Independent Review Backs Key REFLECT Findings With Lenvatinib in HCC

Anita T. Shaffer @Shaffer1
Published: Saturday, Sep 15, 2018

Riccardo Lencioni, MD

Riccardo Lencioni, MD

The positive outcomes that lenvatinib (Lenvima) demonstrated as first-line therapy for patients with hepatocellular carcinoma (HCC) are confirmed in an independent assessment conducted as part of the pivotal, international phase III REFLECT trial.

The independent imaging review (IIR) supports the tumor assessments that clinical investigators performed for the primary analysis using modified Response Evaluation Criteria in Solid Tumors (mRECIST), Riccardo Lencioni, MD, reported at the 2018 International Liver Cancer Association (ILCA) Annual Conference in London, United Kingdom.

A blinded central panel of about 25 radiology experts assessed the scans according to mRECIST and RECIST v1.1 criteria, said Lencioni, who is a professor of radiology at the University of Pisa School of Medicine in Italy and an honorary professor of interventional oncology at the Miami Cancer Institute in Florida.

In August 2018, the FDA approved lenvatinib as a first-line therapy for patients with unresectable HCC based on data from REFLECT, which randomized 954 patients to lenvatinib or sorafenib (Nexavar). The trial met its primary endpoint of OS noninferiority; the median OS by investigator review with lenvatinib was 13.6 months compared with 12.3 months for sorafenib (HR, 0.92; 95% CI, 0.79-1.06).1 Lenvatinib also proved to be superior to sorafenib for median progression-free survival (PFS) and time to progression (TTP).

In comparing the results based on the reviewers’ assessments, Lencioni and colleagues found that PFS and TTP data produced similar Kaplan-Meier curves for conclusions that clinical investigators reached using mRECIST and that IIR investigators developed using mRECIST and RECIST v1.1 criteria. The results diverged when it came to objective response rates (ORRs). Clinical investigators reported ORRs of 24.1% for lenvatinib and 9.2% for sorafenib per mRECIST. The IRR investigators assessed the ORRs at 40.6% and 12.4% for lenvatinib and sorafenib, respectively, by mRECIST and at 18.8% and 6.5%, respectively, by RECIST v1.1.

The major differences in the assessments were in classifying partial responses (PRs). Clinical investigators reported PR rates of 23% and 9% for the lenvatinib and sorafenib arms, respectively, by mRECIST. By contrast, IIR investigators found PRs of 38% and 12% for lenvatinib and sorafenib, respectively, by mRECIST and 18% and 6% by RECIST v1.1.2

Nevertheless, “the relative ORR in favor of lenvatinib over sorafenib was preserved,” Lencioni and colleagues wrote in their conference poster.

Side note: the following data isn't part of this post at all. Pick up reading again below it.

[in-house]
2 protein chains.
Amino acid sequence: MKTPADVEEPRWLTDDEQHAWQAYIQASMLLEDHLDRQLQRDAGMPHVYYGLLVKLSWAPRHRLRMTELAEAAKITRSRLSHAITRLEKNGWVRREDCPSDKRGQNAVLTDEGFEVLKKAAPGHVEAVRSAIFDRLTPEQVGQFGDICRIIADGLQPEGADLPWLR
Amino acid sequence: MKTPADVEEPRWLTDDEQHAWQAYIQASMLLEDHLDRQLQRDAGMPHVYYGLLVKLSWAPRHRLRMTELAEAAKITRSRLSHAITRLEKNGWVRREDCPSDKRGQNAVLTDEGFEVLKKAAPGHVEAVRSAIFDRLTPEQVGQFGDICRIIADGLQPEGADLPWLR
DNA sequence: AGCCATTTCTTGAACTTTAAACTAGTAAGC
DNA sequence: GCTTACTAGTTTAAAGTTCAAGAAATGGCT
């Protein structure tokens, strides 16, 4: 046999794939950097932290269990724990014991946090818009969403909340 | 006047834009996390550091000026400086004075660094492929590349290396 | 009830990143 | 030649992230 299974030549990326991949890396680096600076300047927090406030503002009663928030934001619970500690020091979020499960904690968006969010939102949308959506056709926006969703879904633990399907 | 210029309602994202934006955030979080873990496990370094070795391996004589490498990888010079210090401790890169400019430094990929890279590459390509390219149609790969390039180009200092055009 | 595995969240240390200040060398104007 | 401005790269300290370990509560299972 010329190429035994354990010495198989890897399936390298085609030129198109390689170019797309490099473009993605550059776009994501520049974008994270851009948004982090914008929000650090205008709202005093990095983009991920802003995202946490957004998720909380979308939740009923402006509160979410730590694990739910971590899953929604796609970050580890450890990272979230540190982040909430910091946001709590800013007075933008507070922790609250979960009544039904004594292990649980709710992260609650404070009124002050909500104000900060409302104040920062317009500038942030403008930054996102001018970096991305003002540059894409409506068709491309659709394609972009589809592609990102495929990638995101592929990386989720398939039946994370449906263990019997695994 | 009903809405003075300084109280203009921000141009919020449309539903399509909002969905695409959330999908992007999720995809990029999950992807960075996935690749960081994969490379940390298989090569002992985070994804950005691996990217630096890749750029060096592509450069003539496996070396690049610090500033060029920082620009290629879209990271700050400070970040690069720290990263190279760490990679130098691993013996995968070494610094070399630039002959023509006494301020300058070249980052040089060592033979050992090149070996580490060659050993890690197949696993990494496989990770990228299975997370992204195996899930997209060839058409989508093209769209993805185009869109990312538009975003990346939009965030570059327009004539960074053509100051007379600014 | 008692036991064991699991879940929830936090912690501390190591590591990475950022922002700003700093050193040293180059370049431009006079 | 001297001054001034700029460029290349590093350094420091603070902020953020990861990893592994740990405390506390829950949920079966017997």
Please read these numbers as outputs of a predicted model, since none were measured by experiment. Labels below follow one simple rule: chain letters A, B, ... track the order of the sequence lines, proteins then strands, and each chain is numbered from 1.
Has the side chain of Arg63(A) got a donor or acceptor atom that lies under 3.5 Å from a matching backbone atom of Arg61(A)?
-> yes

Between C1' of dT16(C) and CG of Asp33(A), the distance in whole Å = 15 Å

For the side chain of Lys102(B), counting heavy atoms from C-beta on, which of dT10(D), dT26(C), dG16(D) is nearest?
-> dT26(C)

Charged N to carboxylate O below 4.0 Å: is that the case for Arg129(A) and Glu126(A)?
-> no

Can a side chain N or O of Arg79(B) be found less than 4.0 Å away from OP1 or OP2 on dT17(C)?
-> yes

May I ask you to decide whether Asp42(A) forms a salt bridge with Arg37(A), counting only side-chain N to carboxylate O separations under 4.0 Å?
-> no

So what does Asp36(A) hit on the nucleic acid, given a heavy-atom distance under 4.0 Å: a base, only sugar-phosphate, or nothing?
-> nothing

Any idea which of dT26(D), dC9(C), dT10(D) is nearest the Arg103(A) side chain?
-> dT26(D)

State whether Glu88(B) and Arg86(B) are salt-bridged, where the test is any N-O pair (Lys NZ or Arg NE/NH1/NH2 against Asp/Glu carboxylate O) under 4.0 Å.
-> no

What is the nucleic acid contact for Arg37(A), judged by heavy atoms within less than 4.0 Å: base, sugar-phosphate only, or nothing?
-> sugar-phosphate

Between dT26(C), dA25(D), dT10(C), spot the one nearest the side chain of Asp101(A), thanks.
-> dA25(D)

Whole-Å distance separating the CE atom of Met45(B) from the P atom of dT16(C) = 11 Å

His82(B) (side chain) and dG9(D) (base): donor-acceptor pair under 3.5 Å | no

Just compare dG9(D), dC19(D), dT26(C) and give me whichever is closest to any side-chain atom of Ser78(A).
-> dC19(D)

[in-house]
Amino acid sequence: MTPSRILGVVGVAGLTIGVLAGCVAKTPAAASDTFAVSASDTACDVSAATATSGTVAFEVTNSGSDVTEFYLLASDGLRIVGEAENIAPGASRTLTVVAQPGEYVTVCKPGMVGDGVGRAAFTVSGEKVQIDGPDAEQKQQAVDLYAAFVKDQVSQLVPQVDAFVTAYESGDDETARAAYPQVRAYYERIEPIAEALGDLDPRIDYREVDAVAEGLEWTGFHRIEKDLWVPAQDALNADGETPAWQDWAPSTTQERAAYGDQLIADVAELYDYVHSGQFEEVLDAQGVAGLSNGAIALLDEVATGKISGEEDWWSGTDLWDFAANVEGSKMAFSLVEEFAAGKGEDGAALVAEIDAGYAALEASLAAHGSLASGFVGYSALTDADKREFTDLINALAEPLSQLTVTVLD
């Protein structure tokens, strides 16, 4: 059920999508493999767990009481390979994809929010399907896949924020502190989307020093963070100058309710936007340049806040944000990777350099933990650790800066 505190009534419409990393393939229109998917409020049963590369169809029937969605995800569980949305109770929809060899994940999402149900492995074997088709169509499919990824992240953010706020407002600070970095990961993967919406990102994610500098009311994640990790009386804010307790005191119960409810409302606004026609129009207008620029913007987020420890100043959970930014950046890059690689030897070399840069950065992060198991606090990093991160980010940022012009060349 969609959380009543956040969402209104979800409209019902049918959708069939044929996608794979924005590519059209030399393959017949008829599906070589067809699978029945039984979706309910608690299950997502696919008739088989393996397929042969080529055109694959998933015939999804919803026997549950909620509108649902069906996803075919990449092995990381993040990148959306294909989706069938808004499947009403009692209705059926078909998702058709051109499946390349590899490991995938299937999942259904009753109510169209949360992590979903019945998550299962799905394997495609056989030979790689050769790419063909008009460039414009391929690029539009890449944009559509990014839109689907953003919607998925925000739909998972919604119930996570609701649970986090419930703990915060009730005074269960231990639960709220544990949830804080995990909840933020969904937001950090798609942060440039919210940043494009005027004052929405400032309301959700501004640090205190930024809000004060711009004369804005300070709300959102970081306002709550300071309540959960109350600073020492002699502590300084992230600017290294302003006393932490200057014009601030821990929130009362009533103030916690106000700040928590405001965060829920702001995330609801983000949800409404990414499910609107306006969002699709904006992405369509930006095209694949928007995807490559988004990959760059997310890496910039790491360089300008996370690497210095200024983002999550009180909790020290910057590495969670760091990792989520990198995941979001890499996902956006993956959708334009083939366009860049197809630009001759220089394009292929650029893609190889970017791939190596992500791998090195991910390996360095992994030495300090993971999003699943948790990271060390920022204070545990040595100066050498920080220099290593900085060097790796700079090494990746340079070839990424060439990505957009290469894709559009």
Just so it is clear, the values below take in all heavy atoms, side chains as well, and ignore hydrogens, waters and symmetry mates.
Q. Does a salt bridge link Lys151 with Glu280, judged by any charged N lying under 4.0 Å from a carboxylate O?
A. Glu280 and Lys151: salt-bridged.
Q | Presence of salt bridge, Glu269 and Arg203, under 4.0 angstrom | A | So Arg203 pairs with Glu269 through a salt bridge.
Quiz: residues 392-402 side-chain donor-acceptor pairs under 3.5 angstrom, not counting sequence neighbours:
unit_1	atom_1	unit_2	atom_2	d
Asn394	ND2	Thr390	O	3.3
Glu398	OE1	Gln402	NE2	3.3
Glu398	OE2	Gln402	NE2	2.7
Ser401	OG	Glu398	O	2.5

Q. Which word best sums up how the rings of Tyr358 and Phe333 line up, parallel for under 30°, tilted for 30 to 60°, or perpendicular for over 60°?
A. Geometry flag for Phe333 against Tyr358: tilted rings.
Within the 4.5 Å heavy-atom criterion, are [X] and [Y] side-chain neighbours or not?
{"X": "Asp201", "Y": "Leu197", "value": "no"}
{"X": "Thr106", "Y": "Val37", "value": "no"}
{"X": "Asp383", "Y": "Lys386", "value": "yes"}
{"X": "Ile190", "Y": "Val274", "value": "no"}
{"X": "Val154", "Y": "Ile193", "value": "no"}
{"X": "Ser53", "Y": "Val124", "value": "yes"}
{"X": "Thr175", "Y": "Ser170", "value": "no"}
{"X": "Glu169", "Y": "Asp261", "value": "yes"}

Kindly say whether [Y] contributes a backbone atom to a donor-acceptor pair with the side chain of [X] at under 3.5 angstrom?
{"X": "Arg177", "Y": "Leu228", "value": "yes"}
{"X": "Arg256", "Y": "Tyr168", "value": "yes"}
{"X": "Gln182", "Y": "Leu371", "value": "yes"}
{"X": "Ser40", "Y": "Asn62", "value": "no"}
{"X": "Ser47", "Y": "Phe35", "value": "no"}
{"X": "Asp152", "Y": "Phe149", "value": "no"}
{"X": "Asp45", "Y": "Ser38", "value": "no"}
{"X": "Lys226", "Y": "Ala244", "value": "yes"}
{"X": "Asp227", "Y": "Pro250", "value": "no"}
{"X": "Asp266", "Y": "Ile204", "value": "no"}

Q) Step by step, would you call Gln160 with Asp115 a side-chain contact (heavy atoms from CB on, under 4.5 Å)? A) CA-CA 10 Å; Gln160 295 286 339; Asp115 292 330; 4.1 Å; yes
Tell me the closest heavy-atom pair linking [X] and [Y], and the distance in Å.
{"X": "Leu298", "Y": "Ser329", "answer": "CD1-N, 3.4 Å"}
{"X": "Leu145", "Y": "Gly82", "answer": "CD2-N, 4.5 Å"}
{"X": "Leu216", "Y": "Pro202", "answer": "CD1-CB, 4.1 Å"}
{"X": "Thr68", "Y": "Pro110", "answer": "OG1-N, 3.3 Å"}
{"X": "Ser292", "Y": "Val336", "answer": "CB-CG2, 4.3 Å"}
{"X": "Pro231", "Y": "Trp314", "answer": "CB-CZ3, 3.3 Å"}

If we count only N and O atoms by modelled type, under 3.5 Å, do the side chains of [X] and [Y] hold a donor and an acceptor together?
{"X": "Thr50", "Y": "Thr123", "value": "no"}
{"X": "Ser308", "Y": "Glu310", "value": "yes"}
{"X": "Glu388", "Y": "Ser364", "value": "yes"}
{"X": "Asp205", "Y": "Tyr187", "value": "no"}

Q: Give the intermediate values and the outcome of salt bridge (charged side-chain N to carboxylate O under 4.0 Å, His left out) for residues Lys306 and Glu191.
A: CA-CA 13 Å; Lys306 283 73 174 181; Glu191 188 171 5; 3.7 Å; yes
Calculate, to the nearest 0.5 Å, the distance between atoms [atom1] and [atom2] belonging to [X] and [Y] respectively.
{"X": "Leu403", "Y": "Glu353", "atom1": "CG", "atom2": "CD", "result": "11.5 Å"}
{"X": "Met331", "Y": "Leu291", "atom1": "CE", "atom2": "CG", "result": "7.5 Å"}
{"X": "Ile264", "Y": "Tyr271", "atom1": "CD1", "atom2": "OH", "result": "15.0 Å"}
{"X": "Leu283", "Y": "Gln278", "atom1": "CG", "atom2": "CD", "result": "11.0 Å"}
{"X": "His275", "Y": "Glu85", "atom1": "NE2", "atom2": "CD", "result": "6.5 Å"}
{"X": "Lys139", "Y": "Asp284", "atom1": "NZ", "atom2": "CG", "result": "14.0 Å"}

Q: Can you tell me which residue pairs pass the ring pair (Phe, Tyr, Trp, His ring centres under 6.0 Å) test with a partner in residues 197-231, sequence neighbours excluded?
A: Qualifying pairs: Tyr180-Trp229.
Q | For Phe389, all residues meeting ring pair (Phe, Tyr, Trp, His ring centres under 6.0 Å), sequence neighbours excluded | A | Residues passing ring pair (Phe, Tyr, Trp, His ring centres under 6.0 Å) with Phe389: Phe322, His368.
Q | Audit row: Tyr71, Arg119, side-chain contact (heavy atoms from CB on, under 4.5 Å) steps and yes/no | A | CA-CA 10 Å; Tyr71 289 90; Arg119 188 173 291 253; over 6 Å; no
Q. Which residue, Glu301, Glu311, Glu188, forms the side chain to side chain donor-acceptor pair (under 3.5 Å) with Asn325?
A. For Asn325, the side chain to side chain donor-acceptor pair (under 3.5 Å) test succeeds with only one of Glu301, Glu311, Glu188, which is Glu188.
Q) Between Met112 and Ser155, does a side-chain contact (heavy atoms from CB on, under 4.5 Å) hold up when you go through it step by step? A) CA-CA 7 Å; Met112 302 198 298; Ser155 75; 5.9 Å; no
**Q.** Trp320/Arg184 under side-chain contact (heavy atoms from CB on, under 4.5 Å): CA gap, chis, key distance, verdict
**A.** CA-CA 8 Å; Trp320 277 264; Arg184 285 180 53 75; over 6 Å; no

In discussing the assessments during a presentation at the ILCA meeting, Lencioni said the mRECIST criteria allowed IIR panel “to fine tune and be more accurate in the measurement of the responders.” He said some cases are straightforward to assess, while PRs are more complex.

Lencioni said the mRECIST criteria were developed to improve upon standard RECIST in 2 areas: incorporating HCC-specific refinements for assessment of tumor lesions for progression and developing the concept of “viable tumor” for target lesion measurement for response.

“mRECIST was developed to fix some inconsistences of standard RECIST and in doing so address the unique complexity of this malignancy,” he said.

He said the progression changes were designed to prevent overdiagnosis. These were in the areas of ascites/pleural effusion, portal vein thrombosis, infiltrative-type lesions, porta hepatis lymph nodes, lesions treated with prior locoregional therapy, and new lesions.

The response changes were designed to recognize areas of the tumor affected by therapy. “This allows tumors that manifest significant necrosis to be assessed as responders,” he said.

Citing other research findings, Lencioni said mRECIST is able to identify 2 to 3 times more responders and serve as a predictor for OS.

Since the mRECIST criteria were developed approximately 8 years ago, the changes have been incorporated into radiology charters at medical institutions even when standard RECIST 1.1 is used in studies. “At this time, we have a sort of unified understanding of how to interpret scans of [patients with] HCC.”

Lencioni said the findings of the REFLECT trial show the importance of having a diagnostic radiologist participate in tumor boards. “Specific expertise is a key factor,” he concluded.


  1. Kudo M, Finn RS, Qin S, et al. Lenvatinib versus sorafenib in first-line treatment of patients with unresectable hepatocellular carcinoma: a randomised phase 3 non-inferiority trial. Lancet. 2018;391(10126):1163-1173. doi:10.1016/S0140-6736(18)30207-1.
  2. Independent imaging review (IRR) results in a phase 3 trial of lenvatinib (len) vs sorafenib (sor) in first-line treatment of patients (pts) with unresectable hepatocellular carcinoma (uHCC). Presented at: 2018 International Liver Cancer Association Annual Meeting; September 14-16, 2018; London, United Kingdom. Abstract P-028.
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